LACONIA — Melissa Winsor and Crystal Boisvert finished a two-and half-year long quest to get sober when they graduated together from Recovery Count yesterday.
But with their certificates and their sobriety, both move forward knowing their fellow students, the community, and all the people who donated their time to the state's only non-government funded "drug court" program will be there with them.
"Melissa, Crystal," said keynote speaker Alida Millham of Gilford, "You are to be congratulated."
Millham, a former state representative and chair of the Belknap County delegation, said she's seen a lot of changes in her years and Recovery Court is one of the best of them.
"This will prepare you for the next steps of your life," she said.
Millham told them that the five key things she has seen them show is "opportunity" to take advantage of a program that could help them changes their lives, "commitment" for participating and making though the hard and challenging times, "responsibility" for owning up to their past lives and embracing their new lives, "patience" for persevering knowing it wouldn't be easy, and "resiliency" for facing their lives ahead knowing all the road blocks it will bring.
Piloted by 4th Circuit Court Judge Jim Carroll, Public Defender Jessie Friedman, Laconia City Prosecutor Jim Sawyer, and Jacqui Abikoff of Horizons Counseling Center in 2012, Recovery Court was soon embraced by other members of the corrections community including County Attorney Melissa Guldbrandsen, the Department of Probation and Parole, Belknap County Corrections Supervisor Daniel Ward, Genesis Behavioral Health, Brian Loanes of Restorative Justice and other community partners.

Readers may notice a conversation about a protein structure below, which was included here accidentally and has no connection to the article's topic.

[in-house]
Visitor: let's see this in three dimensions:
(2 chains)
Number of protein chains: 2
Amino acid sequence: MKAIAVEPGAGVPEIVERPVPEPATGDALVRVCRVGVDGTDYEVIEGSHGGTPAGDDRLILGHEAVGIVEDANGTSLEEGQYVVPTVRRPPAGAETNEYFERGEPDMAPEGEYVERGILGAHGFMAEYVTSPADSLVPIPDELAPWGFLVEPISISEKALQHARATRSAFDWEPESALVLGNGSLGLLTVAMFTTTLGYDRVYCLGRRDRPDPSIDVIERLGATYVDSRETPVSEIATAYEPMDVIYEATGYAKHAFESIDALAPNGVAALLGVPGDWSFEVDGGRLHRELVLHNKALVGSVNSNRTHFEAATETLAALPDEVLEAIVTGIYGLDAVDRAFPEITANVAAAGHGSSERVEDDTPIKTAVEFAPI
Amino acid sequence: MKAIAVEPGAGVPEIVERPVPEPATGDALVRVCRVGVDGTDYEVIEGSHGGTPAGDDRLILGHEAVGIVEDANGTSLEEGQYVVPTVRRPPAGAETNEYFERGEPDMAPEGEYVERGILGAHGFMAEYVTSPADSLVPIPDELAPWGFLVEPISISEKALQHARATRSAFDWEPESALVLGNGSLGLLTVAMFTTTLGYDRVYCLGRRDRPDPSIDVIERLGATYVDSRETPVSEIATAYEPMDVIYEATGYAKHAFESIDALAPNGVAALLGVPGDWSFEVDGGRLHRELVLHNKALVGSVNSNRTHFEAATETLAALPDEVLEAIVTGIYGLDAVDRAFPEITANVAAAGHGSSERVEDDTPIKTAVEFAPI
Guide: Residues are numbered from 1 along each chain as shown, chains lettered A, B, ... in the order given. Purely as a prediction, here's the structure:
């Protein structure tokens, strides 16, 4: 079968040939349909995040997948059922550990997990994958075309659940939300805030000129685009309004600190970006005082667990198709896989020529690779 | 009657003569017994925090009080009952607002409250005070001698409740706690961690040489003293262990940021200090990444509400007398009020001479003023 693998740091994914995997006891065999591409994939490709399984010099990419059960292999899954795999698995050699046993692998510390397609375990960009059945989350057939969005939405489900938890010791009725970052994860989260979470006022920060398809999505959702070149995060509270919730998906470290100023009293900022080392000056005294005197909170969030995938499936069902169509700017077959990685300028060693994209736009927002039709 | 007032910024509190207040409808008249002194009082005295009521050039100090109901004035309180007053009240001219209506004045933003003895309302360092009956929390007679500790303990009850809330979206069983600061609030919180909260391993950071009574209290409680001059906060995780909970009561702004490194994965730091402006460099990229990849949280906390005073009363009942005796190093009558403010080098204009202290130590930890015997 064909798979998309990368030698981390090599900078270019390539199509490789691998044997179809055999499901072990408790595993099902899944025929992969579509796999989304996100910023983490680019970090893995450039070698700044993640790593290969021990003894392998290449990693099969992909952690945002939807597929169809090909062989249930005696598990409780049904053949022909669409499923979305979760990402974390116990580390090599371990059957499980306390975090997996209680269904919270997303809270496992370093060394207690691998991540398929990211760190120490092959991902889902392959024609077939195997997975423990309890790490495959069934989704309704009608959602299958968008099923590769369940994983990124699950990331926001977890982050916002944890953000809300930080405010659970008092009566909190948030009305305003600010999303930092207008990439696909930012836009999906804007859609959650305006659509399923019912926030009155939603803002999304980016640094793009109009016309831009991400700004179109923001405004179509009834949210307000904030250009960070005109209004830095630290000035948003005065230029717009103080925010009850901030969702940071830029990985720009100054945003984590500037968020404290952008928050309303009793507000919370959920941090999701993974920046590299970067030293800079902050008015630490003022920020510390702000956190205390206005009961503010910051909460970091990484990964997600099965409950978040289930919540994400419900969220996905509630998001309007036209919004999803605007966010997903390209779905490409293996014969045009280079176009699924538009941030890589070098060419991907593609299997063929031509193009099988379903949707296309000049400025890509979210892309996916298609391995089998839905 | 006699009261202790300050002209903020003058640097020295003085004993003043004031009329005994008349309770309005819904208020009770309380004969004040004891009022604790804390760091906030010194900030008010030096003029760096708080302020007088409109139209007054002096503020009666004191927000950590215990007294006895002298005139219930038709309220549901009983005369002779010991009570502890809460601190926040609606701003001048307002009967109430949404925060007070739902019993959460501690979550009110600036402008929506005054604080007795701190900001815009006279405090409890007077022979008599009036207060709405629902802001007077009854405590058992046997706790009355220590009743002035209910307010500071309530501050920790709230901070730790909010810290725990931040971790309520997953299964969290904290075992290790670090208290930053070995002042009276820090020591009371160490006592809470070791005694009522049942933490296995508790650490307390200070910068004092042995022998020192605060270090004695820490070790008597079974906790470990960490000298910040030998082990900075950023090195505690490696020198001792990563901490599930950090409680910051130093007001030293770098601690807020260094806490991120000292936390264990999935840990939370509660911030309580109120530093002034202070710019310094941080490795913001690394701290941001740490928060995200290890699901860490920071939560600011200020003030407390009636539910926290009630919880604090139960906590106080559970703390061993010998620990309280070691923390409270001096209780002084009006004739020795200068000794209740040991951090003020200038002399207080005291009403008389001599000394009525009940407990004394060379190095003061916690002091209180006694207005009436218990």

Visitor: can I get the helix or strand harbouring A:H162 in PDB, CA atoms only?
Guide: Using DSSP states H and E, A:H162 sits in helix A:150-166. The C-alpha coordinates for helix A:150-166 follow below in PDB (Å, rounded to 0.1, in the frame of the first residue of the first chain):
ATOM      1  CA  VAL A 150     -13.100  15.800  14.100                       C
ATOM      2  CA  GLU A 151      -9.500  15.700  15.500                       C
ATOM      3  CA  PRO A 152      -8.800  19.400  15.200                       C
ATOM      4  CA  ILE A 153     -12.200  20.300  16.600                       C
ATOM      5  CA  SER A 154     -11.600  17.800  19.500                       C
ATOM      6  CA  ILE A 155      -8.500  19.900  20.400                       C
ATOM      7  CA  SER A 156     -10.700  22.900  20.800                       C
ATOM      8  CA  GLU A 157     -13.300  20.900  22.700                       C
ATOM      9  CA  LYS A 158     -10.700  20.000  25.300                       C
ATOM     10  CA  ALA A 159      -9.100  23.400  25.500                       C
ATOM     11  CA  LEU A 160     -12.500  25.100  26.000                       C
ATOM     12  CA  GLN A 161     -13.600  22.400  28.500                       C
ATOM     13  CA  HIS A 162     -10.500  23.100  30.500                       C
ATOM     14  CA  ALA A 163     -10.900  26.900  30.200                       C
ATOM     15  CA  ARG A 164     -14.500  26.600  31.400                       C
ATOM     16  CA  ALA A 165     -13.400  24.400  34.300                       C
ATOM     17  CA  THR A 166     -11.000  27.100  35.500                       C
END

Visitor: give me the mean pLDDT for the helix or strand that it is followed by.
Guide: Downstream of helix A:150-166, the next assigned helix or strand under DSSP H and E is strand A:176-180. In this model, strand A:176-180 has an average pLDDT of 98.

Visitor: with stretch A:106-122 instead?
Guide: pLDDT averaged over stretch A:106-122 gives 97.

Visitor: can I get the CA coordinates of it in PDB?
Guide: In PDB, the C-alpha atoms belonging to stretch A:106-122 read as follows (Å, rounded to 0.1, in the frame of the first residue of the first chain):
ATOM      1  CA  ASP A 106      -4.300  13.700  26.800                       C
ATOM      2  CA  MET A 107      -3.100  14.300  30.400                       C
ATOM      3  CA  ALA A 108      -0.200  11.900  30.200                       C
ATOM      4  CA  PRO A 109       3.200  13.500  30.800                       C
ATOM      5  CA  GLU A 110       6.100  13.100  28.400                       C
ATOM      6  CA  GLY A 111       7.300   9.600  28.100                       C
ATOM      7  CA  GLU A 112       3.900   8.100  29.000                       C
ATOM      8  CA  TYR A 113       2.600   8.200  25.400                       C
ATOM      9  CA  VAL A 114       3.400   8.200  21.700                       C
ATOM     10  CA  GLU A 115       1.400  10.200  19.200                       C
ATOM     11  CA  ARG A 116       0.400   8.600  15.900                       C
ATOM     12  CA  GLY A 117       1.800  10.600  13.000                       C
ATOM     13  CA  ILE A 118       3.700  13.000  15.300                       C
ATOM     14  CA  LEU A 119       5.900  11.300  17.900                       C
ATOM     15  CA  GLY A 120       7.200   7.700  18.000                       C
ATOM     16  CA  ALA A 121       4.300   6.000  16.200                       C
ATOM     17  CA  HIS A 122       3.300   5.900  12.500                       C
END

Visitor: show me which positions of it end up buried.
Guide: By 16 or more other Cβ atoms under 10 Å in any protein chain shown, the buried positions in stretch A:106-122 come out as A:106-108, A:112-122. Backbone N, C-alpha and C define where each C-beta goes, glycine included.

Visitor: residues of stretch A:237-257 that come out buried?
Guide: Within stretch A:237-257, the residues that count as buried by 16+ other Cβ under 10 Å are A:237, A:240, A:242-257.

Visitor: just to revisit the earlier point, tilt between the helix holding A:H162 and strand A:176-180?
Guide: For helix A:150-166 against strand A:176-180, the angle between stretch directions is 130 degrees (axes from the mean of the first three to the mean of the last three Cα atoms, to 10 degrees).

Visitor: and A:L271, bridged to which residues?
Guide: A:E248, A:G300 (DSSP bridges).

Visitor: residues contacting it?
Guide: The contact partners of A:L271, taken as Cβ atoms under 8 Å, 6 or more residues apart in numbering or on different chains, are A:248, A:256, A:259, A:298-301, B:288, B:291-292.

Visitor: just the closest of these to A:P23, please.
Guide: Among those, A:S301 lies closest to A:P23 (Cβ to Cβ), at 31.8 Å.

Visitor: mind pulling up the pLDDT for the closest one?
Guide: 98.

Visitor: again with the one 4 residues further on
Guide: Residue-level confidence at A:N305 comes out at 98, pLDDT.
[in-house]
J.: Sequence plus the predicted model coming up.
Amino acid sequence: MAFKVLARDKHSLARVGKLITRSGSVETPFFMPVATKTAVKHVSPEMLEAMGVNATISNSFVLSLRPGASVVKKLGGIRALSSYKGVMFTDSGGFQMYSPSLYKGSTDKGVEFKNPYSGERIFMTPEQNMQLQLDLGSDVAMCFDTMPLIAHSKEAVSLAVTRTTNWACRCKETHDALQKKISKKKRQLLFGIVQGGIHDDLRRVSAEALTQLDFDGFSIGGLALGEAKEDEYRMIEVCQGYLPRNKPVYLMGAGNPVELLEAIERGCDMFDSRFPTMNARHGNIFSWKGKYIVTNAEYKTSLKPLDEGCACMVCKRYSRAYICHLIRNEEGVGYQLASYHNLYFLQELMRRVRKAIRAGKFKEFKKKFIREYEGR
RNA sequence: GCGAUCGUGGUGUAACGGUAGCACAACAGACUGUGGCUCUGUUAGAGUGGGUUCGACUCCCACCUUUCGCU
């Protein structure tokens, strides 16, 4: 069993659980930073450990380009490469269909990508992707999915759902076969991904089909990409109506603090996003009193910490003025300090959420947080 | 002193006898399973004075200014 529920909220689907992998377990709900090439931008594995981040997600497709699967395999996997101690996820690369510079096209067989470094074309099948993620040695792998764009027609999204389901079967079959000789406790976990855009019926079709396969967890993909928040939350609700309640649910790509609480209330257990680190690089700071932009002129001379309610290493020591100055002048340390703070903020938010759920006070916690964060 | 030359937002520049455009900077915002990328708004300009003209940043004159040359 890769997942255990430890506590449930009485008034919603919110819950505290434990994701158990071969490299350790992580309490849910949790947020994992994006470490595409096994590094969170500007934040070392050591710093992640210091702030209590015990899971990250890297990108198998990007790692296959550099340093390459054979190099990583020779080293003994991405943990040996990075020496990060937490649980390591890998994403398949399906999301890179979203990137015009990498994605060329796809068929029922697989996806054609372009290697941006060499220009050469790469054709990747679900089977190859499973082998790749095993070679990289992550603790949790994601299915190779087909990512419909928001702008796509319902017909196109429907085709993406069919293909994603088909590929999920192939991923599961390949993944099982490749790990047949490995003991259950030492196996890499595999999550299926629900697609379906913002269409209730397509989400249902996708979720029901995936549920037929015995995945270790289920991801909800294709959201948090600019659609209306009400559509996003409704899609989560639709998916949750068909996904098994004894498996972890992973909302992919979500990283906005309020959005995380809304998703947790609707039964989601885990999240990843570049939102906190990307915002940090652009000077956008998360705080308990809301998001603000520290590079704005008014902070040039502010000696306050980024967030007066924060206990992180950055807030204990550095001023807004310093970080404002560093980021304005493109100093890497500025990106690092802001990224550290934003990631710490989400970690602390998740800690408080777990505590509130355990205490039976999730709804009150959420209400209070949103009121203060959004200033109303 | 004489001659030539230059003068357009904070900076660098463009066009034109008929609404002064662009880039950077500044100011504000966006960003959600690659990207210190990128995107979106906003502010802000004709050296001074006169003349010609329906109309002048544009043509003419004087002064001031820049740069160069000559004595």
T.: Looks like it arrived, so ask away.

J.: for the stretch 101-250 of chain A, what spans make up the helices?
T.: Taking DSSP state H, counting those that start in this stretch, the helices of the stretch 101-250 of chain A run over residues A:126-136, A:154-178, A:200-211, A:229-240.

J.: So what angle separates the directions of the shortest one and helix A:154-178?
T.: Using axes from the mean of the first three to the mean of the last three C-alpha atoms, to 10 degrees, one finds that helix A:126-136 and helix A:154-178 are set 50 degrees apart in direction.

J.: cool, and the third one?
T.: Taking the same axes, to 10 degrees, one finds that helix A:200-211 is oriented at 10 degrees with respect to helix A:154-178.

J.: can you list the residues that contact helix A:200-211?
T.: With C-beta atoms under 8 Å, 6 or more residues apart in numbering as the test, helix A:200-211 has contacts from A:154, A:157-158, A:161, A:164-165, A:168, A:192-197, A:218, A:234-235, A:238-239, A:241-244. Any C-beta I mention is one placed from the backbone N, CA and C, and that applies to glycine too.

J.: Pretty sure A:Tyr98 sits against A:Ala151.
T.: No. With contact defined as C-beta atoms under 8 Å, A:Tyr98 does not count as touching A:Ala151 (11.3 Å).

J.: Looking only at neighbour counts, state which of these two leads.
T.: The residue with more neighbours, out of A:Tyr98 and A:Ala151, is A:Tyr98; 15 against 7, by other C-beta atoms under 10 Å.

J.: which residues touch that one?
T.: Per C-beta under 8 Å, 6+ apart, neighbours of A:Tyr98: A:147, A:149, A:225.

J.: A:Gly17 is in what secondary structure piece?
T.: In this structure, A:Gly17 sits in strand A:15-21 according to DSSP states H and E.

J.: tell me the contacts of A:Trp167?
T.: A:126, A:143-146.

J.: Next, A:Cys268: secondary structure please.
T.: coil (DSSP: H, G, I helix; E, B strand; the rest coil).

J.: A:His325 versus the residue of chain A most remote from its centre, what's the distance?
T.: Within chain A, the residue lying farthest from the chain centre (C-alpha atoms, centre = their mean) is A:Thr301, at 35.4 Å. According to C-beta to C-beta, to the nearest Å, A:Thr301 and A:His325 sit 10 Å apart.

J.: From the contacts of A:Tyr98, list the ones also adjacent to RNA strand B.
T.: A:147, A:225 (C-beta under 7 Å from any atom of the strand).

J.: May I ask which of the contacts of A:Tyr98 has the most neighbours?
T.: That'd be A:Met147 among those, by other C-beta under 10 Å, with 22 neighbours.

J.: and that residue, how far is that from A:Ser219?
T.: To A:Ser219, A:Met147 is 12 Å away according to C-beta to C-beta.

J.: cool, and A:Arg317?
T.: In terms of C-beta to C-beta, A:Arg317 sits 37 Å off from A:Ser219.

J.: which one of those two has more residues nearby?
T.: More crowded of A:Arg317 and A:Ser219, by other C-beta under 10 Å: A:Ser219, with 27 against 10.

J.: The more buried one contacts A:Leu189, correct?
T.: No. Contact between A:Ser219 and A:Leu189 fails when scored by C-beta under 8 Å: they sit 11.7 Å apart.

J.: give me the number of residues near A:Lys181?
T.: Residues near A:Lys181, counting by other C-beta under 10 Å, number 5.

To qualify for Recovery Court, a person has to be charged with a serious crime and admit that drug addiction has led them to their low spot. If they complete the program the underlying charge is wiped clean.
Winsor is the mother of four who began the Recovery Court when it began and learned she was pregnant. Judge Carroll said she had her setbacks along the way but each time brought herself and her son James back to the group.
"I'll miss you and James," said Carroll as he held James, now a toddler, while Winsor accepted her certificate from Abikoff.
While she was too overcome to speak, Boisvert wasn't.
"This was one of the hardest things I ever had to do," she said.
"I'm not proud of some of the mistakes I've made but now I like myself and who I am today," she added.
Boisvert will continue as a mentor, occasionally teaching a class to other Recovery Court members about cognitive behavior.
Abikoff said that early on Boisvert slipped but soon got back on the road to recovery. She was asked to create and teach a class about congitive behavior for when she returned to the group session the next week.
"She came back with a plan, a back-up plan and a back-up plan for the back-up plan," said Abikoff, noting she had also outlined three different ways to teach her assigned subject to her peers in case the first two ways didn't work.
A special recognition was also given to Judge Willard "Bud" Martin who has helped recovery court financially.
Carroll asked for people in the community to consider Recovery Court as part of their own mission. He said volunteers are welcome, contributions are needed, and for those business people who can, he asked them to consider Recovery Court graduates for jobs.